The Theatreguide.London Review
Wyndham's Theatre Summer 2019
quiet little play as so low-key and gossamer as to barely be there.
It tells the story of a man so self-effacing and personality-less as
to barely be there.
And, despite some
excellent acting and a few
decent laughs, the play's effect on you is likely to be just as
fleeting and minimal.
Matthew Broderick plays
a middle-aged failed
scientist reduced to lecturing on elementary astronomy to drop-in
students at New York's planetarium.
He has a
(Elizabeth McGovern, getting co-star billing for what is little more
than a walk-on role) he hardly speaks to, an offstage teenage son he
connects to even less, but somehow a pretty nice suburban home.
not a particularly good teacher, unable to do much with students
ranging from the comically ignorant ('Is Mars a moon?') to the
comically presumptuous ('I've graded you as a teacher in these
And then, improbably, he
begins an affair with a
Puerto Rican single mother training to be a nurse.
Mildly good things
happen to him, very bad things happen to her, and then life goes on,
with the man about as untouched and unchanged by his adventures as
you are likely to be by the play.
Oh, and there's a
subplot of sorts
about an old man in hospital, being tended by the student nurse, and
his strained relations with his daughter – and I must confess that
I have no idea what those scenes are doing in this play, except
perhaps to provide perspective for the triviality of the central
Matthew Broderick is an
actor of immense personal
charm, but he and director Sam Yates have chosen to completely
suppress his personality in a performance of wooden and affect-less
emptiness. The man happy, the man sad, the man lecturing, the man in
love are all equally robotic and distanced from himself and
everything around him.
It is, I suppose, a
achievement, but it would seem more appropriate to a play by Pinter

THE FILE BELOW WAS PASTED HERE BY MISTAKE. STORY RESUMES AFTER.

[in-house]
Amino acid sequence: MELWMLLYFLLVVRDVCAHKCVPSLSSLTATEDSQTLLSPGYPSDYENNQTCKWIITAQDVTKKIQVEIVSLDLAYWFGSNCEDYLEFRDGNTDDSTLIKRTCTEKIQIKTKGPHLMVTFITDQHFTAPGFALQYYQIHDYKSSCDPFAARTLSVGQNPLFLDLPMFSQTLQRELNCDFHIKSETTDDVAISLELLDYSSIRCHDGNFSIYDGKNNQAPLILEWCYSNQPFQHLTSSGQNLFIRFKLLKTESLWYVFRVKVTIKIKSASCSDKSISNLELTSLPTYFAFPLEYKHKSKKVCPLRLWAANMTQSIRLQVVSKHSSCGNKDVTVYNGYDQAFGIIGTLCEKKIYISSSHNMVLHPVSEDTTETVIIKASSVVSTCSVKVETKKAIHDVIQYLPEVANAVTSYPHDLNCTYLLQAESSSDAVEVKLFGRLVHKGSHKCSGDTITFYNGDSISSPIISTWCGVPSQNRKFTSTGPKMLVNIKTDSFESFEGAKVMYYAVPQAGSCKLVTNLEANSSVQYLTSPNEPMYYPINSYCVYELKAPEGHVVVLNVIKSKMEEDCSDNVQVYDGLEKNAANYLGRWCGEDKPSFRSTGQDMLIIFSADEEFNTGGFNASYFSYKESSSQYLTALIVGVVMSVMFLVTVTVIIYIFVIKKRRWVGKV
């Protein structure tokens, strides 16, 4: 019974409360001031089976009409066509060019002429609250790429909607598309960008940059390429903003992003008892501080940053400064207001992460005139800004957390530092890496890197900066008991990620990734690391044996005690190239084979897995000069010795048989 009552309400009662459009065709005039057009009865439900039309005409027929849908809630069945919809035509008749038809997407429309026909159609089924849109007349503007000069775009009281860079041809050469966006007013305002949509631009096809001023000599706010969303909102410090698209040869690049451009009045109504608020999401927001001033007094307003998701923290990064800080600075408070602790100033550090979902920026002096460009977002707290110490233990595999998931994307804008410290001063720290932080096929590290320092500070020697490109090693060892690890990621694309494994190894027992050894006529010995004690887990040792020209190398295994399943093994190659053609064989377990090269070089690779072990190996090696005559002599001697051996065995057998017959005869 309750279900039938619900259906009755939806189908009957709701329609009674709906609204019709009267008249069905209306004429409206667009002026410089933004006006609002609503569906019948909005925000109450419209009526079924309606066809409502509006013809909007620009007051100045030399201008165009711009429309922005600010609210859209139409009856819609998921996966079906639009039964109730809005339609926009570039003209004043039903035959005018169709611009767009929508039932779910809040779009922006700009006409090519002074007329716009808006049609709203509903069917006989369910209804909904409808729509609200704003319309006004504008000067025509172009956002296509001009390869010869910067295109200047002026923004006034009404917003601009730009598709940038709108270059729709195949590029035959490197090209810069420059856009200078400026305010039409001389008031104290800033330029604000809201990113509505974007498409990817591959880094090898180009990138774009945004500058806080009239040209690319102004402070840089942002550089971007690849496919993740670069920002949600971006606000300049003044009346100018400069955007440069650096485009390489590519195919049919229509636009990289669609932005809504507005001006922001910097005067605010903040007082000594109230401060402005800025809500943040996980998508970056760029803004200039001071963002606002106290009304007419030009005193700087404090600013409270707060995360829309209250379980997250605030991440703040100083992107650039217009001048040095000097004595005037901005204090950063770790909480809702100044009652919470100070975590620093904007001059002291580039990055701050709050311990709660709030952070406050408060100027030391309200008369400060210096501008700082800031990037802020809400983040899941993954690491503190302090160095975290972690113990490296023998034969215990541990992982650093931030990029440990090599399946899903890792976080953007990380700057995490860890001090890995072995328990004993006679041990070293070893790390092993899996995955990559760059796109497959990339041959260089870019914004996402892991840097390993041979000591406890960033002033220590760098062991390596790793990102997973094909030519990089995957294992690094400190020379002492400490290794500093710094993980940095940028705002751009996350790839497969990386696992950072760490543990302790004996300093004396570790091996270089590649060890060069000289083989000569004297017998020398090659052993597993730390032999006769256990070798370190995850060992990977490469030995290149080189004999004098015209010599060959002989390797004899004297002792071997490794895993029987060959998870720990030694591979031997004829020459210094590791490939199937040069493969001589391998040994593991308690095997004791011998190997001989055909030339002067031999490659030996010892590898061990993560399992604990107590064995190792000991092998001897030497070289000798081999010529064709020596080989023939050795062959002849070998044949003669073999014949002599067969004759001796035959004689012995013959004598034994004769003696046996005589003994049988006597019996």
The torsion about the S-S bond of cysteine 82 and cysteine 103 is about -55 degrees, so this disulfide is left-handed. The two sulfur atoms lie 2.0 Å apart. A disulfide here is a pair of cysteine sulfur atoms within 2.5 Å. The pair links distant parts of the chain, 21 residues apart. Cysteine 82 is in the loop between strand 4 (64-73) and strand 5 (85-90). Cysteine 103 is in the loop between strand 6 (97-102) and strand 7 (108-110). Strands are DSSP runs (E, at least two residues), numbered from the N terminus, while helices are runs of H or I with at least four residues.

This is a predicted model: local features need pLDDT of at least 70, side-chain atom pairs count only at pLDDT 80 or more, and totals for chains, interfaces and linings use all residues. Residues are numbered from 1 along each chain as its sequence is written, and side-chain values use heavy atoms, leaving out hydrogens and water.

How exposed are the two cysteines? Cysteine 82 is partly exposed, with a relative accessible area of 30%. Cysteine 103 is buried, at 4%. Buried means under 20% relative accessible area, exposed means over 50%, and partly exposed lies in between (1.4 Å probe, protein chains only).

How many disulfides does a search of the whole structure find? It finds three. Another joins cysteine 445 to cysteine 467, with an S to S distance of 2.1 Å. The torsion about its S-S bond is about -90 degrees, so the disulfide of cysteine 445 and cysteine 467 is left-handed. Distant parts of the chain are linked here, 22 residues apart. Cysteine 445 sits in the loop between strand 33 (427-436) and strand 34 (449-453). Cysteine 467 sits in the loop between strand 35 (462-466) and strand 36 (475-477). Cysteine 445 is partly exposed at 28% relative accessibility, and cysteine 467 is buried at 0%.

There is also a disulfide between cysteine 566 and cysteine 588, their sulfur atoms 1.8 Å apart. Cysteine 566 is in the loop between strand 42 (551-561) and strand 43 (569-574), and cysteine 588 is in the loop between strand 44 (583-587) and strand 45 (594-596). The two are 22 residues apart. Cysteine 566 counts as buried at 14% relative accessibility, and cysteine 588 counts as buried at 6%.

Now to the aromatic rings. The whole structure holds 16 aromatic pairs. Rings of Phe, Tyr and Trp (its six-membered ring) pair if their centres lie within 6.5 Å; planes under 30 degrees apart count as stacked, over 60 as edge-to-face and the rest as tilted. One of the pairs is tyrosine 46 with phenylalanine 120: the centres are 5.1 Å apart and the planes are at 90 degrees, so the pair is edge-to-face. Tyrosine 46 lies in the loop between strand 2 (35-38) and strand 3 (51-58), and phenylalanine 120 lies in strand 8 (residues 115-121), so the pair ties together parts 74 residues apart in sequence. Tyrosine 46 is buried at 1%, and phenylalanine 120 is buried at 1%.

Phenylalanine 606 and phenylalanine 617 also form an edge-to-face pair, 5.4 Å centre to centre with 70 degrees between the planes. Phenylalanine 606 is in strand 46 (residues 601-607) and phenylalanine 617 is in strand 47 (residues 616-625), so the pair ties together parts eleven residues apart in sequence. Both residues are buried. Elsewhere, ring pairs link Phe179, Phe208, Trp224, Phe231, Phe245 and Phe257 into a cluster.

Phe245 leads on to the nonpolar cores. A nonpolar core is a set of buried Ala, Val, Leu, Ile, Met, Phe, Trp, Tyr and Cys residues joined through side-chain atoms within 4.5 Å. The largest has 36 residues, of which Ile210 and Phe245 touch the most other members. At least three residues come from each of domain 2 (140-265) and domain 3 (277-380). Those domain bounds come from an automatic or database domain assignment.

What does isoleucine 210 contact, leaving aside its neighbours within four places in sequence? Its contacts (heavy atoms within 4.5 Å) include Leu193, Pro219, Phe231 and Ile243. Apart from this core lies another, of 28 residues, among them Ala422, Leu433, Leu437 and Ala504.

or Beckett than to what seems to want to be a quirky rom-com, a kind
of gentle (and gentile) Woody Allen-ish slice of life in New York
Far more interesting and
attractive is the performance of
newcomer Rosalind Eleazar as the woman who goes into the love affair
with a New Yorker's – even a working-class New Yorker's –
casualness and limited expectations but a greater capacity for fully
valuing and enjoying it than Broderick's character ever has.
the worst thing in the world happens to her we not only believe and
feel her experience fully, but judge her lover to his detriment by
the gap between her capacity for emotion and his.
McGovern there is little to say. She is effective in one strong scene
near the end that shows there is more to her character than the
just-passing-through stereotype she was up to then.
The play is set
in 1997 when New York's landmark Hayden Planetarium was demolished
and replaced, and the single longest and most passionate speech in
the play comes at the very end, as Matthew Broderick's character
muses on what an adventure it was for a child to discover science in
those beautiful surroundings.
Of course it has very little to do with the rest of the play. But it's nice.
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